America joins the Young Avengers when she encounters Loki, who had died and been reborn as a teenager, who tried to get her to kill Billy Kaplan/Wiccan. Deciding instead to protect Billy, America finds herself allied alongside the Young Avengers against young Loki. 

But as it turns out, Loki wants Wiccan dead because Wiccan is destined to summon a magical parasite known as the Mother, which devours magic it comes in contact with.

(Image credit: Marvel Comics)

When Billy casts a spell to resurrect his dead adoptive mother, the Mother takes her form and sets out to devour all of Earth's magic – including the essence of the Demiurge, the protector of America's home the Utopian Parallel.

To defeat the Mother, Loki teams up with the Young Avengers. But the Mother has allies of her own, including Leah, a young girl who was actually the physical embodiment of the now-deceased adult Loki's guilt.

In the end, America's Multiversal powers play a key role in defeating the Mother and saving the Demiurge, while it's revealed that at some point in the future, Billy Kaplan is destined to become the avatar of the Demiurge and the Sorcerer Supreme (maybe even sooner than we think).

Given Doctor Strange in the Multiverse of Madness follows up directly on threads to be seeded in the Disney Plus WandaVision and Loki streaming series, and Wanda herself (if not Loki) is set to show up in Multiverse of Madness, America Chavez could be the lynchpin that ties all these disparate characters together.

America Chavez in the MCU

America Chavez

(Image credit: Marvel Comics)

This leads us to one of the biggest potential implications for America Chavez's future in the MCU: the possible formation of the Young Avengers, with America as part of the line-up. 

Like we explained above, a good portion of America's Marvel Universe history has been spent as a member of the Young Avengers alongside other young heroes, notably including Kate Bishop of current Disney Plus Hawkeye fame, Wanda and Vision's twin sons Billy and Tommy from WandaVision, Cassie Lang from the Ant-Man franchise, Loki's Kid Loki variant, and Young Avengers co-founder Eli Bradley who appeared in The Falcon and the Winter Soldier in his civilian identity - all of whom are current heroes in the MCU, or potential future heroes with upcoming appearances that could expand their stories.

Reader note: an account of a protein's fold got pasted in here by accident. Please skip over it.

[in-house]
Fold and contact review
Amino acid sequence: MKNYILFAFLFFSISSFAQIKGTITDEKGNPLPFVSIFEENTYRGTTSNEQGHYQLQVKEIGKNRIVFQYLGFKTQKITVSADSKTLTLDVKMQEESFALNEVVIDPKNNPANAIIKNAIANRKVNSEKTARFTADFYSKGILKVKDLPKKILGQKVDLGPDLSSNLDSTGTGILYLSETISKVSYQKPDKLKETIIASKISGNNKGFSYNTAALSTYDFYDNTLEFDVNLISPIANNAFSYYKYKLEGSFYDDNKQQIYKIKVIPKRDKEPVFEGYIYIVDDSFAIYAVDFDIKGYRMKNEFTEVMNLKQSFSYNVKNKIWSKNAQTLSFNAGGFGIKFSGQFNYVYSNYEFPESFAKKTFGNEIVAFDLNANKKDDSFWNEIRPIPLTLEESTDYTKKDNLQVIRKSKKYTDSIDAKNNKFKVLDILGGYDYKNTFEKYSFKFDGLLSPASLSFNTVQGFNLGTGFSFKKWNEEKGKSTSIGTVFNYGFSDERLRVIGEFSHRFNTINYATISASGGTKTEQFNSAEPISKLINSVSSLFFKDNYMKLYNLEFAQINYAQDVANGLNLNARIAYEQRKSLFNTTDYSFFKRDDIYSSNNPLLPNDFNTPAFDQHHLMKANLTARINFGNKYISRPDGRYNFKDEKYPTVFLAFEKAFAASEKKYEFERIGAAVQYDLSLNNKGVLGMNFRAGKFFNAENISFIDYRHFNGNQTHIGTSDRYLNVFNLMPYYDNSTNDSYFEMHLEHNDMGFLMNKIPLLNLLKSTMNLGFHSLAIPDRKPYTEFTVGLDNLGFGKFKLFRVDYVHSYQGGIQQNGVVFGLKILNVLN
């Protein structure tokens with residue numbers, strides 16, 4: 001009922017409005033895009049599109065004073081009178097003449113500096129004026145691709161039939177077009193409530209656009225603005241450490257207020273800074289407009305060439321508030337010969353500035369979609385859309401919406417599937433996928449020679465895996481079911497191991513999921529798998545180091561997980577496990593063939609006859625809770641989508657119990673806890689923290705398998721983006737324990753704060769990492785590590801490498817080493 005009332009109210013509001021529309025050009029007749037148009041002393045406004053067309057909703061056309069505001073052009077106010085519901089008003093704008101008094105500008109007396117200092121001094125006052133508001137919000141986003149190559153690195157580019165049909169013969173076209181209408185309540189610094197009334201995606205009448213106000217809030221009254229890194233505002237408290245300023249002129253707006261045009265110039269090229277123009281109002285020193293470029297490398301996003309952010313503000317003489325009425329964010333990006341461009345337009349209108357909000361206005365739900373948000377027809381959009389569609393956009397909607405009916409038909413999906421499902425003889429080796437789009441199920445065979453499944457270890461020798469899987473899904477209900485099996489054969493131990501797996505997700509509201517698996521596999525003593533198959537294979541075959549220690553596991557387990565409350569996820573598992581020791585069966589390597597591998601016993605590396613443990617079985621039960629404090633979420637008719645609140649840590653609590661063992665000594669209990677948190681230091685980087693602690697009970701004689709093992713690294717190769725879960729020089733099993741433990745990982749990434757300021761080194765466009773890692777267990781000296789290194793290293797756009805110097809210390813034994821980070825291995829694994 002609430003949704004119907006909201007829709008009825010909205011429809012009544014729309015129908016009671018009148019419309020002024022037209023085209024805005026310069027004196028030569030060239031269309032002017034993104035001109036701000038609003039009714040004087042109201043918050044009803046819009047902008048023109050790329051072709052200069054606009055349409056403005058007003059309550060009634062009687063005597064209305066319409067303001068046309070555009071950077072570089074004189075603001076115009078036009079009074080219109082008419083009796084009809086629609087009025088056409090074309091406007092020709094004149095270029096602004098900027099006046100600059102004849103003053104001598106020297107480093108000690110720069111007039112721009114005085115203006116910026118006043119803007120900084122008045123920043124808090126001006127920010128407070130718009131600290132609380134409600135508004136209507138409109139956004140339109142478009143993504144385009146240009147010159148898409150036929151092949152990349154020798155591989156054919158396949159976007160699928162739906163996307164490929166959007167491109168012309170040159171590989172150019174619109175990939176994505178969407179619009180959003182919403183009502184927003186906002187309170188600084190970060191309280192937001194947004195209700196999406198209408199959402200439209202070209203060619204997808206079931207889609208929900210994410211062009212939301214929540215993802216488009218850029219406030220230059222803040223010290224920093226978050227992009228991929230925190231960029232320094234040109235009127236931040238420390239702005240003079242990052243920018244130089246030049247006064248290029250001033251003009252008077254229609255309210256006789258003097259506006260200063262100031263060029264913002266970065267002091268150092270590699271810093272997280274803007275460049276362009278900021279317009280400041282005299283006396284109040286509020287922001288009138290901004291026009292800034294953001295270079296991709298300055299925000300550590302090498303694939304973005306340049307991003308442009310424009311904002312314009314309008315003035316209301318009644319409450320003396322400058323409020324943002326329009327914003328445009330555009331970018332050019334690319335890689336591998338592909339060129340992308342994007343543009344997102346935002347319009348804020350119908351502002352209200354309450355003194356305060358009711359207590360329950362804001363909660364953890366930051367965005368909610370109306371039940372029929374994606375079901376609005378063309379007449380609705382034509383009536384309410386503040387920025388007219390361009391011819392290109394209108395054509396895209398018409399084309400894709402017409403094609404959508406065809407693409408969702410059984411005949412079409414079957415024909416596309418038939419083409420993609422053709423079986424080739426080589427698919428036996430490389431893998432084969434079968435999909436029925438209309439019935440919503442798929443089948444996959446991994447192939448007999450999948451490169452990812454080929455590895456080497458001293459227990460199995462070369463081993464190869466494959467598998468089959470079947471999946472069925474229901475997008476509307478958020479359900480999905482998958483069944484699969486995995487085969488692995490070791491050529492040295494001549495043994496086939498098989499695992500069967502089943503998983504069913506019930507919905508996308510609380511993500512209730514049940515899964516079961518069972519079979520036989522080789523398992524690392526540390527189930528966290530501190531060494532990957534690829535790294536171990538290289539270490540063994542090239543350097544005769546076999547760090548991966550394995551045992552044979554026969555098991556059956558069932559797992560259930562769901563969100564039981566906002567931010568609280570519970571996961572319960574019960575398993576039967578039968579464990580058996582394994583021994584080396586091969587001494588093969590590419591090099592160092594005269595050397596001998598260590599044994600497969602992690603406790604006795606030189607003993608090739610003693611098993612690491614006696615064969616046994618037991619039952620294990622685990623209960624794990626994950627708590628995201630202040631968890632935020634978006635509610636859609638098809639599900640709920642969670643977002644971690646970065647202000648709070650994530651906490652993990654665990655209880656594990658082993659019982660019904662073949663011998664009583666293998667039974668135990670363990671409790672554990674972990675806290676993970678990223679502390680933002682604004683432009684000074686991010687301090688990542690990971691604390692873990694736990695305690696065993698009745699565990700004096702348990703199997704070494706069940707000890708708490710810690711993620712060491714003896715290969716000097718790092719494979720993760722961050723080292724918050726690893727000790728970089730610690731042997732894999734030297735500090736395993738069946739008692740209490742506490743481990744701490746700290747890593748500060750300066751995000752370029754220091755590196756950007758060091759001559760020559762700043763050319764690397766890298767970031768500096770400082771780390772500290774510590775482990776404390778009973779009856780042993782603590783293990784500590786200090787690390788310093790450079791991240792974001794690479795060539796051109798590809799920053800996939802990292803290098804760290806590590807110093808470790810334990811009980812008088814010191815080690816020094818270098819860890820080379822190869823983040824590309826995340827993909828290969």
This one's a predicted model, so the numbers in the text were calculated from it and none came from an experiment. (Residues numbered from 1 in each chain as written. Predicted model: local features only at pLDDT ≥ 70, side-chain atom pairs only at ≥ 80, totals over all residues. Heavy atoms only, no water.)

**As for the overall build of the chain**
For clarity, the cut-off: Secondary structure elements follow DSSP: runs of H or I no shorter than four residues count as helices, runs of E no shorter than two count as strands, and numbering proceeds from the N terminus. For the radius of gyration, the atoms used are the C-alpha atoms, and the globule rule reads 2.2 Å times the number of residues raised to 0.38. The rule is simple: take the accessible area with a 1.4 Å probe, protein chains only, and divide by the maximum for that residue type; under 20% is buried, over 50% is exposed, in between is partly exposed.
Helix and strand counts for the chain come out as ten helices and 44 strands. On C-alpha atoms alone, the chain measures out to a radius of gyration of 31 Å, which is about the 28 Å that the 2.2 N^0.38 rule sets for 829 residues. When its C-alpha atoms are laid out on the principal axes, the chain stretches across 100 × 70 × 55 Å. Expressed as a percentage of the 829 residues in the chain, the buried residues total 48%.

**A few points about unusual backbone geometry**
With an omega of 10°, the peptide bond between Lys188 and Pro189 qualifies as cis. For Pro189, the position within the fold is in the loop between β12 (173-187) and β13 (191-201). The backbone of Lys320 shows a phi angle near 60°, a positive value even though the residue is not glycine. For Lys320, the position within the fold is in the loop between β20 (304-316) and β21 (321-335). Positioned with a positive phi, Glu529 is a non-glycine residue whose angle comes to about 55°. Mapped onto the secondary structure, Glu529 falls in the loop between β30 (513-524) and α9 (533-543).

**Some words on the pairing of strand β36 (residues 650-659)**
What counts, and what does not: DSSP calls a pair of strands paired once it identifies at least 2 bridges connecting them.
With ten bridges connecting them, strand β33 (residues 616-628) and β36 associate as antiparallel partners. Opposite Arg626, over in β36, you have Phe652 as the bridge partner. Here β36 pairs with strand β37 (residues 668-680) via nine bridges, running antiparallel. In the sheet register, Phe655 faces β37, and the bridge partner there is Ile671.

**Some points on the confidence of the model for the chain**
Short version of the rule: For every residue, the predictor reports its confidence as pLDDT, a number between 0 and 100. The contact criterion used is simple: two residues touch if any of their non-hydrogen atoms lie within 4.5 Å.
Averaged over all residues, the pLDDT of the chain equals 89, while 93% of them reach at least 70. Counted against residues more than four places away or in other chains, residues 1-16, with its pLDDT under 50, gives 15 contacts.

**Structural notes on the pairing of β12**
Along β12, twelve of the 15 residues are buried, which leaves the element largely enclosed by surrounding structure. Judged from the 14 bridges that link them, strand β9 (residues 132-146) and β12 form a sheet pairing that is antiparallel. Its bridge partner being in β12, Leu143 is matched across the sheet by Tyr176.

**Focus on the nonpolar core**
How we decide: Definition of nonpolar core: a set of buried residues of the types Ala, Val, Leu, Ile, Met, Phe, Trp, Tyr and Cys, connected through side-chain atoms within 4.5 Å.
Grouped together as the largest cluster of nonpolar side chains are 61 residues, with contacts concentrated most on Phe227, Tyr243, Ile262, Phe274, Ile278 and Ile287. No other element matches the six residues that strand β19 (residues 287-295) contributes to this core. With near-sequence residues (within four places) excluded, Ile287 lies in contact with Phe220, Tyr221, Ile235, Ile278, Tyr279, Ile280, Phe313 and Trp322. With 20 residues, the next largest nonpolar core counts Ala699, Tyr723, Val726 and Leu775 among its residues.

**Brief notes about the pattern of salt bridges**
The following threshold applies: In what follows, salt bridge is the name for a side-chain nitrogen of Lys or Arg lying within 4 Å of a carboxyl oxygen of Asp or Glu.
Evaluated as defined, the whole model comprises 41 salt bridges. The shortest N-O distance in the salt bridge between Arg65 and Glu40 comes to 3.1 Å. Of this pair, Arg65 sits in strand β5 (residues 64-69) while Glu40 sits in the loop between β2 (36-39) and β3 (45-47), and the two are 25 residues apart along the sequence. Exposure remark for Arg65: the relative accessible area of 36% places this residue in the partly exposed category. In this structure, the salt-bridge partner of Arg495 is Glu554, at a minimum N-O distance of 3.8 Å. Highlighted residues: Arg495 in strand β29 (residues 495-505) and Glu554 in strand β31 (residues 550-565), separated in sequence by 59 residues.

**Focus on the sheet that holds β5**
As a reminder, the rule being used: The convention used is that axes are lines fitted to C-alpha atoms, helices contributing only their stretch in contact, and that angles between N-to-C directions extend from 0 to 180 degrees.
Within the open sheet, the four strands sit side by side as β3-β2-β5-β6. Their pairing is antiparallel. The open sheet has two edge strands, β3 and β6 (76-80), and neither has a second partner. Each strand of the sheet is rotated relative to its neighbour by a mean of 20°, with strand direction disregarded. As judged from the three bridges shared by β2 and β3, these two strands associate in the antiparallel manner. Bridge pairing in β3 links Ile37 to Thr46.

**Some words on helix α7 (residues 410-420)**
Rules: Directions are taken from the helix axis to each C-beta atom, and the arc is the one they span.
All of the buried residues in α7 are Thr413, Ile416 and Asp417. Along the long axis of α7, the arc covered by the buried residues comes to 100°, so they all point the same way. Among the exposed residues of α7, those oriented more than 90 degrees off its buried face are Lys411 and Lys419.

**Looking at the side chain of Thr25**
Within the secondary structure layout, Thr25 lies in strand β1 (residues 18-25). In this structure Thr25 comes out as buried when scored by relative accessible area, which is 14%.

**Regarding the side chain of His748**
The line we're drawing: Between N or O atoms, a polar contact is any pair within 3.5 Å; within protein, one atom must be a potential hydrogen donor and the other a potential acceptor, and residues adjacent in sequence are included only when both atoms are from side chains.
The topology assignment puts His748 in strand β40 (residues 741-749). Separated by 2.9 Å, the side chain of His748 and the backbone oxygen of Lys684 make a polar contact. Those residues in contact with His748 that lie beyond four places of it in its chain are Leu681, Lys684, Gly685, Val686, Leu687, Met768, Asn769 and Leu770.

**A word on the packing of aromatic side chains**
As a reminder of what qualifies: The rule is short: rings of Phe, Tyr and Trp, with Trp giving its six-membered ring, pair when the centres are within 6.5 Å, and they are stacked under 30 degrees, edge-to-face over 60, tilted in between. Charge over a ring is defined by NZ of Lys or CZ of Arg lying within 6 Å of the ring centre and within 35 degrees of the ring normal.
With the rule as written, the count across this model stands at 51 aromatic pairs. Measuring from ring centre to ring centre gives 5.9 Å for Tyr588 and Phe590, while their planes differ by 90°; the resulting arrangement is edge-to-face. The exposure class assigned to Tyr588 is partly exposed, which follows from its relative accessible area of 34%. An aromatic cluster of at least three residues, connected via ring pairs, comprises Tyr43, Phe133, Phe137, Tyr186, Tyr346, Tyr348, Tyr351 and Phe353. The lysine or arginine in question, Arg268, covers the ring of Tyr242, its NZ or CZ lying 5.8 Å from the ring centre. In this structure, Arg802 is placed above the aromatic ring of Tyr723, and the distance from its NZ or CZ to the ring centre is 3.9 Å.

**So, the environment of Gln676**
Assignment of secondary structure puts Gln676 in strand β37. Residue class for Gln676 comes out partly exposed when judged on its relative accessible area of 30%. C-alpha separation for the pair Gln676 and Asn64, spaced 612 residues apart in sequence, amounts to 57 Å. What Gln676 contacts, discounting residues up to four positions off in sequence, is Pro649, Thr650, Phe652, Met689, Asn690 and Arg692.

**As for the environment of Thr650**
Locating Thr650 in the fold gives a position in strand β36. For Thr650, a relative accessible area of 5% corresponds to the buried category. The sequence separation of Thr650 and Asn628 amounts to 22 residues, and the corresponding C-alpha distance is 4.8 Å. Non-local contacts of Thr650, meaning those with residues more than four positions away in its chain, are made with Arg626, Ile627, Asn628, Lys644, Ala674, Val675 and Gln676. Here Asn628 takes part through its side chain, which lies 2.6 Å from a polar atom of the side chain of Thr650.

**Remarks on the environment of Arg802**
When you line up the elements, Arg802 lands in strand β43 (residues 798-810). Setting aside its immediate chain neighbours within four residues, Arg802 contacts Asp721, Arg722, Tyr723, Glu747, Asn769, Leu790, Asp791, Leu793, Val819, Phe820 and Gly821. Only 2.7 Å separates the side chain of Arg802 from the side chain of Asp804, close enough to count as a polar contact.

And of course, that's not counting Riri Williams/Ironheart and Kamala Khan/Ms. Marvel, teen heroes headed for their own MCU Disney Plus series who are part of Marvel's other major teen team the Champions.

(Image credit: Marvel Comics)

On that note, America Chavez fills some other important roles for the MCU. She's a physical and magical powerhouse - a potential Thor-level hero for the Young Avengers. 

And as one of Marvel's few LGBTQ lead characters (and the only queer Latina character ever to headline a comic for the publisher) America Chavez is perfectly poised to bring some much-needed representation and youth to the MCU, which Marvel Studios president Kevin Feige has been very vocal about expanding.

All of that in consideration, America Chavez might be the perfect character to lead the MCU into a phase that seems to be potentially dominated by the Multiverse, and the power of magic - especially one that hinges on the Young Avengers, as seems to be the likely case given Marvel's current crop of Disney Plus shows and the upcoming Doctor Strange in the Multiverse of Madness.

There's a lot of evidence to suggest the Young Avengers are making their way to the MCU close to their original comic book incarnation.

I've been Newsarama's resident Marvel Comics expert and general comic book historian since 2011. I've also been the on-site reporter at most major comic conventions such as Comic-Con International: San Diego, New York Comic Con, and C2E2. Outside of comic journalism, I am the artist of many weird pictures, and the guitarist of many heavy riffs. (They/Them)